The trouble with all of this isn’t that Meyer is a writer of books for adolescents who has tried to move into the mainstream. Many writers – E. B. White, C. S. Lewis and Madeleine L’Engle among them – have written beautifully for both groups. Nor is the problem that grown-ups can’t enjoy novels written for younger people. Laurie Halse’s Anderson’s Chains, a finalist for the 2008 National Book Award for Young People’s Literature, draws on such extensive research into the Revolutionary War that many adults might learn as much from it as children would.

The Host offers further evidence of the Mitch Albom-ization of America — the glut of dumbed-down books masquerading as profound or at least intelligent. On the evidence of this novel, Meyer lacks either the ability or the inclination to adapt her writing for adults. The flap copy says that The Host is about “the very essence” – not the essence but the “very” essence – “of what it means to be human.” Midway through the book, you find a more revealing line, one that shows Meyer’s love of short sentences consisting of words of one- and two-syllables. Pursued by an angry human, Melanie’s resident soul says: “Maybe I should have run the other way.” Don’t say you weren’t warned.

Best line: “Maybe I should have run the other way.” If taken as advice.

Worst line: Lots of competition here. No. 1: “It’s a voluntary choice.” No. 2: “When we thought of the new planet – Earth, so dry, so varied, and filled with such violent, destructive denizens we could barely imagine them — our horror was overshadowed by our excitement. Stories spun themselves quickly around the thrilling new subject. The wars – our kind! having to fight! – were first reported accurately and then embellished and fictionalized.” No. 3: And here’s how a “denizen” named Uncle Jeb speaks: “ ‘Well, for Pete’s sake!’ Jeb exclaimed. ‘Can’t nobody keep a secret around this place for more’n 24 hours? Gol’ durn, this burns me up!’” No. 4: The line quoted in the review, beginning, “He nuzzled.”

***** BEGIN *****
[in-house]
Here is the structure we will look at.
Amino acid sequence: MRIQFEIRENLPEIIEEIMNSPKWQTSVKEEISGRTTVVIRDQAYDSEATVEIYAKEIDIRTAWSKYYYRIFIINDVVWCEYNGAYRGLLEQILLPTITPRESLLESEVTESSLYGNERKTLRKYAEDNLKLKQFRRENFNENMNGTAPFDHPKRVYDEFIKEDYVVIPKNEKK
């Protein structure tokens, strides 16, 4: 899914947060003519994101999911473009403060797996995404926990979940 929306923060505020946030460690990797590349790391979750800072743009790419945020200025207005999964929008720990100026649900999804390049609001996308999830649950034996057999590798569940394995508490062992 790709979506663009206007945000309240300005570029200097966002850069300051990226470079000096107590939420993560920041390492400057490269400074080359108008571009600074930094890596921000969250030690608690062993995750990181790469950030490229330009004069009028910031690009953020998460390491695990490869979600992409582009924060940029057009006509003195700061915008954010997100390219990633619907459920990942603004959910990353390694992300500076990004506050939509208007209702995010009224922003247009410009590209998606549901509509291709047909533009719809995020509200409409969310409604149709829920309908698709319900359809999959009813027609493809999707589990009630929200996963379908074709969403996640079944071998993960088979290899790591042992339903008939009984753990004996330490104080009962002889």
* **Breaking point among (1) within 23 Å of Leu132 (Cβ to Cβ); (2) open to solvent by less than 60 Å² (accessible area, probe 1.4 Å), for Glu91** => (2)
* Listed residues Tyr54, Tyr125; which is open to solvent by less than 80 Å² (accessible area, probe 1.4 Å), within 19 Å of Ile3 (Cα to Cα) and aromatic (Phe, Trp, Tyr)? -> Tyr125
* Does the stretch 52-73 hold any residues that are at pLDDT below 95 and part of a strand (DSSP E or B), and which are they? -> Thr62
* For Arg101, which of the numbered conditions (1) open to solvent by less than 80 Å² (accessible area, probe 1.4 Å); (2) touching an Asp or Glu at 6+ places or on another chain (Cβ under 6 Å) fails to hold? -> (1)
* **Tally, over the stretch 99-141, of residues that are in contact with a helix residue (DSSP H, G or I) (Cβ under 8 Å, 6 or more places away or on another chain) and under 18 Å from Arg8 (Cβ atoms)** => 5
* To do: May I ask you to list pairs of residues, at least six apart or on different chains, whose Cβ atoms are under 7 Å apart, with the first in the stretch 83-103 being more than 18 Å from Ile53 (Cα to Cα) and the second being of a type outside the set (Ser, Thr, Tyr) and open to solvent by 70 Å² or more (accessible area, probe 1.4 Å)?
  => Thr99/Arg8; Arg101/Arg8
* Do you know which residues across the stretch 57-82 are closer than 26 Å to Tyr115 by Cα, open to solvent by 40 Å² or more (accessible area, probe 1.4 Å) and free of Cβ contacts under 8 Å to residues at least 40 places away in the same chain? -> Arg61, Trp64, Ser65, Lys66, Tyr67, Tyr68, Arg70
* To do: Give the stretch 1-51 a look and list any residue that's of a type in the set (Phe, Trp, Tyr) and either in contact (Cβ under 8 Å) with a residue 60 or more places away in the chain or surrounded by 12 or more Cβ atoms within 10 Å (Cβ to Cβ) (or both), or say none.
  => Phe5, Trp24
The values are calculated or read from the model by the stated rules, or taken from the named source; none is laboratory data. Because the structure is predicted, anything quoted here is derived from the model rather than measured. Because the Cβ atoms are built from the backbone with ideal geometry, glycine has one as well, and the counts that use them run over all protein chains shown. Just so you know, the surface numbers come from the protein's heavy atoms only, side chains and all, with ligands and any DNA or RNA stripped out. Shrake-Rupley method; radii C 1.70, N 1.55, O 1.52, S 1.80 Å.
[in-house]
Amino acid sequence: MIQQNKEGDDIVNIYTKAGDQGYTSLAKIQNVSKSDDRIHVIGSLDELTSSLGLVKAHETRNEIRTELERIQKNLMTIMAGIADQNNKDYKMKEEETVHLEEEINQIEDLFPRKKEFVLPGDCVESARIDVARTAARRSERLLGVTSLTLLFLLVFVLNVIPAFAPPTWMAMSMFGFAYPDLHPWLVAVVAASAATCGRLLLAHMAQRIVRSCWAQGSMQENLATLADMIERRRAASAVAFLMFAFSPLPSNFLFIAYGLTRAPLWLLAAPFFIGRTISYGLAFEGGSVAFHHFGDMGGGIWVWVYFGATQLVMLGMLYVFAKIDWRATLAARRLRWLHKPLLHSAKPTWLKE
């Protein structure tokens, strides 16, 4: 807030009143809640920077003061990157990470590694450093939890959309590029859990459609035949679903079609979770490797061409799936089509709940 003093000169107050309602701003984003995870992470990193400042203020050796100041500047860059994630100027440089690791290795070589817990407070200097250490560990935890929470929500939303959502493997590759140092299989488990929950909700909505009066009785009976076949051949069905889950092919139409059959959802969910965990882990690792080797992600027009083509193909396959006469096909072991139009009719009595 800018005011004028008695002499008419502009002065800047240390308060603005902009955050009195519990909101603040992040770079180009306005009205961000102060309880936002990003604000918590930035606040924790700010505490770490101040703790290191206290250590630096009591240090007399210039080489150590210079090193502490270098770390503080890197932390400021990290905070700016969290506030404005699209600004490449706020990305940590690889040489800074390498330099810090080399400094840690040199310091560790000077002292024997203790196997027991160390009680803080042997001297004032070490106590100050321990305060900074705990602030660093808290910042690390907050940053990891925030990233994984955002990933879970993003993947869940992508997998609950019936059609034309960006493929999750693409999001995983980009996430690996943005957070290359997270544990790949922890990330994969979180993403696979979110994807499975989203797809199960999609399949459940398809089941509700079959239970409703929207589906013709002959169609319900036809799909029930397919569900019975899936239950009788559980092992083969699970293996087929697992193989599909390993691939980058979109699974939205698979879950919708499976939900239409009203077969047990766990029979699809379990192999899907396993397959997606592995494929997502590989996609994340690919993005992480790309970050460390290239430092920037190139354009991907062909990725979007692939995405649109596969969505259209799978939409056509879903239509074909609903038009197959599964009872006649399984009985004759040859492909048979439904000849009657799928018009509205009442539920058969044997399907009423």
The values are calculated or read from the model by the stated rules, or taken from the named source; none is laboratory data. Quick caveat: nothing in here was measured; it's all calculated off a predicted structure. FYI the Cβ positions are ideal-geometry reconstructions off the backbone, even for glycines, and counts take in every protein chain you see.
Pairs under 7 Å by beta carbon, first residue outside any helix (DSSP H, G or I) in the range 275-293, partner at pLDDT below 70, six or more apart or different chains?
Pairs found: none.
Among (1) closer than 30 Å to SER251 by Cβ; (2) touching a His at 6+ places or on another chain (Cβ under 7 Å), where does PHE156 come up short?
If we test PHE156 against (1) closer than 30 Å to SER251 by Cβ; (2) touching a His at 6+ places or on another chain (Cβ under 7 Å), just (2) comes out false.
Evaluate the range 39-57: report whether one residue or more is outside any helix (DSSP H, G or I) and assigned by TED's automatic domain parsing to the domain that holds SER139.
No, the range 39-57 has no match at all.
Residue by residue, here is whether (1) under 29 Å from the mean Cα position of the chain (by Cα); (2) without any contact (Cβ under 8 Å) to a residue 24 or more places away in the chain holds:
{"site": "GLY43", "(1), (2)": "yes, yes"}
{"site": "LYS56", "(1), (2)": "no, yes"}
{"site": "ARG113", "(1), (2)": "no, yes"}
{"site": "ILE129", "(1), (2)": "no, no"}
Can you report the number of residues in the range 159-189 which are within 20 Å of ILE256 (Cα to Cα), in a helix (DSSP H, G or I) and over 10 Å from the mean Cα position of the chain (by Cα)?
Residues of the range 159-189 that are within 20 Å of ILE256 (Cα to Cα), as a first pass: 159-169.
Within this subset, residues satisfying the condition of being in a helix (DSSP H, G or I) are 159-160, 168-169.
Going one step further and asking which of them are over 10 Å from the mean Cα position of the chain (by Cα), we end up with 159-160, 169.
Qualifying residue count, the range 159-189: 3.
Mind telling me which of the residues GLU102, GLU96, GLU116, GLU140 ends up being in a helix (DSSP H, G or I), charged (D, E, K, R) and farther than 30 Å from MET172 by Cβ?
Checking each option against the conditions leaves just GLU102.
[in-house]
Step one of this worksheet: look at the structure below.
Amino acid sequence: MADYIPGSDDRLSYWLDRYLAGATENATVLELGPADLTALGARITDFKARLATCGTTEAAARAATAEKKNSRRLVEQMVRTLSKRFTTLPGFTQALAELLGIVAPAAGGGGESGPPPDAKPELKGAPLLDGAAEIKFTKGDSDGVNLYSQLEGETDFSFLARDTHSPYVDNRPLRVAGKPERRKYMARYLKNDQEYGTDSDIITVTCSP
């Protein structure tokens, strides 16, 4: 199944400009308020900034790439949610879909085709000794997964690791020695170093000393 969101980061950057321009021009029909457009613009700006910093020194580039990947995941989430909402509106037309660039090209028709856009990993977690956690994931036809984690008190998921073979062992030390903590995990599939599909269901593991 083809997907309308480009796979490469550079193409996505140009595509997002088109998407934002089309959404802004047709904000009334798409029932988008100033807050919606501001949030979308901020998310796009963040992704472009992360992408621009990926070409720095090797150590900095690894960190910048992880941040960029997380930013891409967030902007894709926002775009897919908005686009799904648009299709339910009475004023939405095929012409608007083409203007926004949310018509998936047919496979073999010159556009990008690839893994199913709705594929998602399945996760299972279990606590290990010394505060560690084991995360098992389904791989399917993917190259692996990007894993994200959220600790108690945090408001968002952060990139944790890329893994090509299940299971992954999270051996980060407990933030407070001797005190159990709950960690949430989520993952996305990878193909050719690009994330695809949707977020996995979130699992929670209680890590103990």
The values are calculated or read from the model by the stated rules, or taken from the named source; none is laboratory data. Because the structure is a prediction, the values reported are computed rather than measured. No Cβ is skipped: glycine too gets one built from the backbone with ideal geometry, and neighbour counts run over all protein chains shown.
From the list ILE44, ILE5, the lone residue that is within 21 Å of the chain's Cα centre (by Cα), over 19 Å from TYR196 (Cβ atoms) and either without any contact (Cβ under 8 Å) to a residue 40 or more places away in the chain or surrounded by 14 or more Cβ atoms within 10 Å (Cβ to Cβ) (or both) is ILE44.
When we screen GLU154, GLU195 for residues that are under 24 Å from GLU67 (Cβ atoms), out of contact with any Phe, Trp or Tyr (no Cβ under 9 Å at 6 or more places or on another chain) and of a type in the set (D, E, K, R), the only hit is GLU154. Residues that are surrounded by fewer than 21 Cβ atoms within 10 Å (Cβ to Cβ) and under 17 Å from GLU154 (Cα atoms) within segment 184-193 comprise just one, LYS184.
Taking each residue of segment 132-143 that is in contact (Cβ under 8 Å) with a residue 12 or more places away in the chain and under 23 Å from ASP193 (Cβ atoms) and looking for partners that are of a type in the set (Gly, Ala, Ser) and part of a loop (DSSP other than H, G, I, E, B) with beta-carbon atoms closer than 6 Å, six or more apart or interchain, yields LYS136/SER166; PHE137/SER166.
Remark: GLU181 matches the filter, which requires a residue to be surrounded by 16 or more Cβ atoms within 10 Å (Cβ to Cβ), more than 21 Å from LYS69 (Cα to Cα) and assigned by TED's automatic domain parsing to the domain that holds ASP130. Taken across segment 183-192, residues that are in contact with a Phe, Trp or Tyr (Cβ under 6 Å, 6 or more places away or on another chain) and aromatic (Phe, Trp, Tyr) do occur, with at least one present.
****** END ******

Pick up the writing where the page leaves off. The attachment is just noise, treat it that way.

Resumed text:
About the reading level: The reading level for The Host comes from the Flesch-Kindcaid readability statistics that are part of the spell-checker on Microsoft Word. To find it, I used passages of at least 300 words each on pages 31–32 (Grade 4.1), 131–132 (Grade 4.6) and 431-432 (Grade 3.3). The reading levels for the three sections averaged Grade 4.0. American children typically begin the fourth grade at the age of nine. The post “Does Mitch Albom Think He’s Jesus?” lists the reading levels of other bestselling or classic novels and tells how to use Word. It tells how to use Word to find the level of a book.

Published: May 2008

About the author: Stephenie Meyer also wrote Twilight, New Moon and Eclipse for young adults.

Answer to Friday’s quiz, “Do You Have What It Takes to Write a No. 1 New York Times Bestseller?”: All of the lines on Friday’s quiz appear in The Host.

© 2008 Janice Harayda. All rights reserved.